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US Spending More on 'Promoting Democracy' in Russia

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The United States has stepped up its efforts to "promote democracy in Russia," the Russian Izvestiya newspaper reported, saying that a single nonprofit foundation received a hefty increase of over a million dollars for its grants distributed on projects in Russia.

In 2014, the National Endowment for Democracy, a US non-profit tasked with promoting democracy abroad, spent $9.3 million on NGO projects in Russia, an increase of $1.3 million since 2013, according to the media outlet.

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The NED receives funding from an array of government and private sources. It is primarily funded by the US Congress through the United States Agency for International Development (USAID), banned in Russia in 2012.

The NED also receives donations from large US corporations and individual sponsors, including former Secretaries of State Henry Kissinger and Condoleezza Rice for instance.

Nadia Diuk, critical of Russia's policy with regard to Ukraine, is at the head of the NED operations focusing on Russia. According to Izvestiya, Diuk's father, was a member of the notorious Ukrainian Insurgent Army (UPA). It was fighting against Soviet forces on the side of Nazi Germany during World War II. In 1943, the UPA massacred as many as 100,000 Polish civilians in Volhynia and Eastern Galicia.

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Formally, the NED seeks to "strengthen democratic institutions around the world through nongovernmental efforts." To that end it gave grants to nearly 100 NGOs in Russia in 2014 for reducing corruption, providing civic education, promoting democratic ideas and values, NGO strengthening, promoting civic engagement, strengthening freedom information, etc.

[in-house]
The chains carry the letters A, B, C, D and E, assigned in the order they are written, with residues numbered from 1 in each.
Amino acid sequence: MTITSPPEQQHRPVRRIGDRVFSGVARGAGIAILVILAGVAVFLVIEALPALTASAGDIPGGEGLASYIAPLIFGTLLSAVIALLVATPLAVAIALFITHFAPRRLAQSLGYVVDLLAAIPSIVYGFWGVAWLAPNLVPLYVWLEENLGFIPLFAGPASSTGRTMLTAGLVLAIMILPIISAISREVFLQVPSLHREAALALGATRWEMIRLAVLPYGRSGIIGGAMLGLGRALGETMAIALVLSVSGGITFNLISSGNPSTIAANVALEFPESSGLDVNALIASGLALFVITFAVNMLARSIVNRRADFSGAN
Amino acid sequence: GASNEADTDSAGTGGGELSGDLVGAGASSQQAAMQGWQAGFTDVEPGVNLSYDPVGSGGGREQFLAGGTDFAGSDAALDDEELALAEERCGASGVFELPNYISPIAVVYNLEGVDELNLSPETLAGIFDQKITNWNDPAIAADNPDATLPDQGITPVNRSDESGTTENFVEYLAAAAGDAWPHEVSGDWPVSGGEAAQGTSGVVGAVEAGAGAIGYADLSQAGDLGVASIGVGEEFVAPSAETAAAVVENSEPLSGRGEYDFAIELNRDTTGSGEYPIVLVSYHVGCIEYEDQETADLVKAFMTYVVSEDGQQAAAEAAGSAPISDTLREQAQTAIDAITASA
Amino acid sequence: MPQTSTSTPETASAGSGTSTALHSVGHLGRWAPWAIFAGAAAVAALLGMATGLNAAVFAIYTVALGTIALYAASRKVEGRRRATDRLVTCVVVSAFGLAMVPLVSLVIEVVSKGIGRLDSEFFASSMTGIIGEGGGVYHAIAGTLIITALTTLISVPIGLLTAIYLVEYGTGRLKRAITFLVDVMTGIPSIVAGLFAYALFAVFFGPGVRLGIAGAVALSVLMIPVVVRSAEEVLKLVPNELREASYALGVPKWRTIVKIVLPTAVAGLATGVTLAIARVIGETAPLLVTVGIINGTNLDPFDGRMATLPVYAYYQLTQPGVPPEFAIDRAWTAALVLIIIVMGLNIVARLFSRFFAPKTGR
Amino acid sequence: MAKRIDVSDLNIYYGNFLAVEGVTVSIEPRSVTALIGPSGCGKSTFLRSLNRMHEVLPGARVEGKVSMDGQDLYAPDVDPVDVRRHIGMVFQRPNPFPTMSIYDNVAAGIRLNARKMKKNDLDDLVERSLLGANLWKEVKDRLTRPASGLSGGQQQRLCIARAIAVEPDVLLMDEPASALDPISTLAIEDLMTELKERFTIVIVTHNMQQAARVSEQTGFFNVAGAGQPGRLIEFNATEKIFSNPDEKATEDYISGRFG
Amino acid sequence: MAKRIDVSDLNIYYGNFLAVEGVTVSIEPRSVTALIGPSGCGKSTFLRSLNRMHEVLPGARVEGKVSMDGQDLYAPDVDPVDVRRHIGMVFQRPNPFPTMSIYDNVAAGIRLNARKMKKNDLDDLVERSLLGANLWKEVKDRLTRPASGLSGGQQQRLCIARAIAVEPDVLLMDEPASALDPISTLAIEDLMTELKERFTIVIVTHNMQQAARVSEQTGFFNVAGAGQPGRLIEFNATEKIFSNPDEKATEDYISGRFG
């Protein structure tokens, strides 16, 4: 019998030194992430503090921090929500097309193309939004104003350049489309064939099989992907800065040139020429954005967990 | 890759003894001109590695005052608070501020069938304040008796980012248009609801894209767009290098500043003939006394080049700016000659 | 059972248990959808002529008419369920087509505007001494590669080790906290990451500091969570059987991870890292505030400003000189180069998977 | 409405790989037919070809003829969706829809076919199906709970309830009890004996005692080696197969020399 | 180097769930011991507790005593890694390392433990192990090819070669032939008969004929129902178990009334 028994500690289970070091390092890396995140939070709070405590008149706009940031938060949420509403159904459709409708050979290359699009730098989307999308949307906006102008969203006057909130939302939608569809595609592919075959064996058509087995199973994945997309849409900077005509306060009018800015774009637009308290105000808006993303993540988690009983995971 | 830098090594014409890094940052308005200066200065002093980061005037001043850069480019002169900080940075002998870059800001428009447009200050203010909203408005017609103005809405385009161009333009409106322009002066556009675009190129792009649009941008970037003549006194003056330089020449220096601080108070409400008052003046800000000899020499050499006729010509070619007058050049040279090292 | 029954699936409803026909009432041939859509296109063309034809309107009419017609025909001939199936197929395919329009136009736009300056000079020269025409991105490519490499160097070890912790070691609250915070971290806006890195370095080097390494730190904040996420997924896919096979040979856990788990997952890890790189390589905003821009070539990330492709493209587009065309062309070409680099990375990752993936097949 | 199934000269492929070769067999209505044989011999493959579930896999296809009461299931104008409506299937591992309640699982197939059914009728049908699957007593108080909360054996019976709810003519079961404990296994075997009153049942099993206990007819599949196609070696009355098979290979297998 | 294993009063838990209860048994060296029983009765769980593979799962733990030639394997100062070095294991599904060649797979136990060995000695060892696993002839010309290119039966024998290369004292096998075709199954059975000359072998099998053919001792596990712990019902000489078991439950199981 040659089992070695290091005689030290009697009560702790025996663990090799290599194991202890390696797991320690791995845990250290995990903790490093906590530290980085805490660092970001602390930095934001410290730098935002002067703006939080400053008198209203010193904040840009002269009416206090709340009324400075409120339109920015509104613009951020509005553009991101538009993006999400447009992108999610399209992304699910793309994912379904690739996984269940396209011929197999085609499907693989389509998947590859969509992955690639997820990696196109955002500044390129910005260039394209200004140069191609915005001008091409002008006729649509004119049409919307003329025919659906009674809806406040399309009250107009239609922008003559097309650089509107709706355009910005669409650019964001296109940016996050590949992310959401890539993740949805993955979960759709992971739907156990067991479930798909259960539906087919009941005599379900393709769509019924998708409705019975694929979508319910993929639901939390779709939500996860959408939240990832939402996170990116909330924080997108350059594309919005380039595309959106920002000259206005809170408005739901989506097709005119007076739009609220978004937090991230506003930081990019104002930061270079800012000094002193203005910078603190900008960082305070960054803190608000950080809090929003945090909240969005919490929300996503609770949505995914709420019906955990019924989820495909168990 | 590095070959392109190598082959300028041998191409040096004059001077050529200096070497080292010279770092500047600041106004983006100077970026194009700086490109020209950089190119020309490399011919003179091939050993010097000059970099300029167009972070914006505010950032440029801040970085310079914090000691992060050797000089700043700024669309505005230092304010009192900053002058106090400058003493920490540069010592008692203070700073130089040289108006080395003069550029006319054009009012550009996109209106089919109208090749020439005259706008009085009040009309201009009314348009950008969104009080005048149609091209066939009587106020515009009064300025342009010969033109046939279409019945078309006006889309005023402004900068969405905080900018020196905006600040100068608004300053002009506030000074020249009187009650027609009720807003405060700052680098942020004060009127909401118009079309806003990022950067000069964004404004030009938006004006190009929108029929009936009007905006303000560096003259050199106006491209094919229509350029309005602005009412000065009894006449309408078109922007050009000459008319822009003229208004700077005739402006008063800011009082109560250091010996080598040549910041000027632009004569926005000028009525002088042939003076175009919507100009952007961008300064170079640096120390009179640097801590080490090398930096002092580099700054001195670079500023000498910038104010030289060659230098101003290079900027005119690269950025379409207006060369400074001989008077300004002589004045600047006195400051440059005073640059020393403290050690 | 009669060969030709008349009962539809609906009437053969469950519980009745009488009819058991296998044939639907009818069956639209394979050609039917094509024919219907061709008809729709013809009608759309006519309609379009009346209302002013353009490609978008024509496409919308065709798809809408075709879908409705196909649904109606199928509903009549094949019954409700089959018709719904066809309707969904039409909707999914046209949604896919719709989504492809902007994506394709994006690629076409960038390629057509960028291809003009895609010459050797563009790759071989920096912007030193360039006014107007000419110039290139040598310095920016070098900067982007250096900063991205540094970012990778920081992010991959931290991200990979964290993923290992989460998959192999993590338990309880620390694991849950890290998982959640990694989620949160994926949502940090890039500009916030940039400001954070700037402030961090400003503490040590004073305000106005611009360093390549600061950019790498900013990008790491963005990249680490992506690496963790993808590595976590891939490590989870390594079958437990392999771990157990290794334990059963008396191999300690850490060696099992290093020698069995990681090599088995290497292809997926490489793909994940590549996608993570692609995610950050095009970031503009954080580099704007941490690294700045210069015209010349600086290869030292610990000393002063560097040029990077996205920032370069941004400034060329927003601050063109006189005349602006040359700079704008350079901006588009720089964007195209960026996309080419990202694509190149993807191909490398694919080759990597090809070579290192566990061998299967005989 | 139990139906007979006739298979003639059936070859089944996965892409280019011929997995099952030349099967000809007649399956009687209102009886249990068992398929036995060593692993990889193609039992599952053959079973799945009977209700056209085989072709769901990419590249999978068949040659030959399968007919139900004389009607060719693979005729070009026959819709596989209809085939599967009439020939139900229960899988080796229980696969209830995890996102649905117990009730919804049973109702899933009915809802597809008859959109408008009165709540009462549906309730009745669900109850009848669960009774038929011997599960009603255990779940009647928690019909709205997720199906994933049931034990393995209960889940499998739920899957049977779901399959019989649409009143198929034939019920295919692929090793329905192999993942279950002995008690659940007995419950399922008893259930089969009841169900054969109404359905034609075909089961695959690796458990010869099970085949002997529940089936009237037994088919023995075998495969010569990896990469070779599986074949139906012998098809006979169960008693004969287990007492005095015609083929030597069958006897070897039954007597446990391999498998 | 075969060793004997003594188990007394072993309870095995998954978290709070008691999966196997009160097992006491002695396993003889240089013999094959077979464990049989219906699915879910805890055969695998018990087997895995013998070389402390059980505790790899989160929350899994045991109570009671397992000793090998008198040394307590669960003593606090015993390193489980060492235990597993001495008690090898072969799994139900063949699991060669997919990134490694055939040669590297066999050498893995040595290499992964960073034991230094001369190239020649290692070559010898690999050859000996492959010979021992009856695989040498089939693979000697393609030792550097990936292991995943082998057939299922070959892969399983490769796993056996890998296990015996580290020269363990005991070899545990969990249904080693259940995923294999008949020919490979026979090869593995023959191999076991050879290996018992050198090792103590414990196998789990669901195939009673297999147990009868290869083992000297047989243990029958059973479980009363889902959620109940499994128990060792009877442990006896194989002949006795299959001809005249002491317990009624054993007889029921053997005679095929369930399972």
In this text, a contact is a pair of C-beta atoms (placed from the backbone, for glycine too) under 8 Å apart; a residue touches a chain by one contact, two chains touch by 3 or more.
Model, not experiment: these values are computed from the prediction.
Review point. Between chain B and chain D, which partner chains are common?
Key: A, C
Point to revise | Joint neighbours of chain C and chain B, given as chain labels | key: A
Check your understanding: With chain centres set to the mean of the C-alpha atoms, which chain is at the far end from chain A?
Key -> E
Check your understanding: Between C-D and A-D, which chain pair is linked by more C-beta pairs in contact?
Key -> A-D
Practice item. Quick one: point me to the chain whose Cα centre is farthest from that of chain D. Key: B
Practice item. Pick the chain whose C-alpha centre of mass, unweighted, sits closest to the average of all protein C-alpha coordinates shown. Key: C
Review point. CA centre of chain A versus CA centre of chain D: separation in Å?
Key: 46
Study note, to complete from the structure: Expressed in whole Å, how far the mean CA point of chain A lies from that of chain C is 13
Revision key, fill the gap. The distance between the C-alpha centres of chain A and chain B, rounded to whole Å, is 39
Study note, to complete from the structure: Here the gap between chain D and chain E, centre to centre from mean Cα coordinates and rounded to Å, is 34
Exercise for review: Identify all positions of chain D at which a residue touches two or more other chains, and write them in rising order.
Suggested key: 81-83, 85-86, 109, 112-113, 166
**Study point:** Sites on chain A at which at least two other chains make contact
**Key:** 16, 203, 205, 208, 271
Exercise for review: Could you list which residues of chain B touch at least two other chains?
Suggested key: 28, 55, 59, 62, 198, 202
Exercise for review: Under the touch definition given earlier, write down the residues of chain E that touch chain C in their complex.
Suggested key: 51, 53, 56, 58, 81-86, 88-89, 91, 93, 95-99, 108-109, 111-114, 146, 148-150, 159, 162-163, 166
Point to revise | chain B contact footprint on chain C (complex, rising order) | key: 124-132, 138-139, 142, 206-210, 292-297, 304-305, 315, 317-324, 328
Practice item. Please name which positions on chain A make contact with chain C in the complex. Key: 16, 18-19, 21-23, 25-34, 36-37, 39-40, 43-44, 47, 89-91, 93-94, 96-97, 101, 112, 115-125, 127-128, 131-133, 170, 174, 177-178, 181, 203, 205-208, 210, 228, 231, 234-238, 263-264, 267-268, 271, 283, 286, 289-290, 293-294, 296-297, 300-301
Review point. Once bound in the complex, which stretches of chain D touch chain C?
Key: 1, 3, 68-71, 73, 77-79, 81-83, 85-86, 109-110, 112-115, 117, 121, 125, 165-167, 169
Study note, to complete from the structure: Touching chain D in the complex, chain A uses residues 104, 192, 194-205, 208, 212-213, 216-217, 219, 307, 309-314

However, the non-profit has been mired in a number of controversies since the 1980s for supporting dubious causes and giving money to "movements and politicians that fit into the United States' foreign-policy objectives, regardless of whether those who receive the money engage in undemocratic campaigns," Slate magazine said in 2004.

Incidentally, the organization was very active in Ukraine in 2004, the year of the infamous presidential election that brought Viktor Yushchenko to power in the third round of voting, despite Viktor Yanukovych winning the second and supposedly final round.

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Not surprisingly then, the Cato Institute once called the National Endowment for Democracy a "foreign policy loose cannon."

"Promoting democracy is a nebulous objective that can be manipulated to justify any whim of the special-interest groups — the Republican and Democratic parties, organized labor, and the U.S. Chamber of Commerce — that control most of NED's funds" the think tank said in 1991.

"The main form of operation of all organizations by means of funding they receive is to engage in propaganda and opposition activity," political analyst Segrei Markov told Izvestiya.

In 1991, Allen Weinstein, on of the NED founders, said, "A lot of what we do today was done covertly 25 years ago by the CIA." Not the best advertisement, is it?

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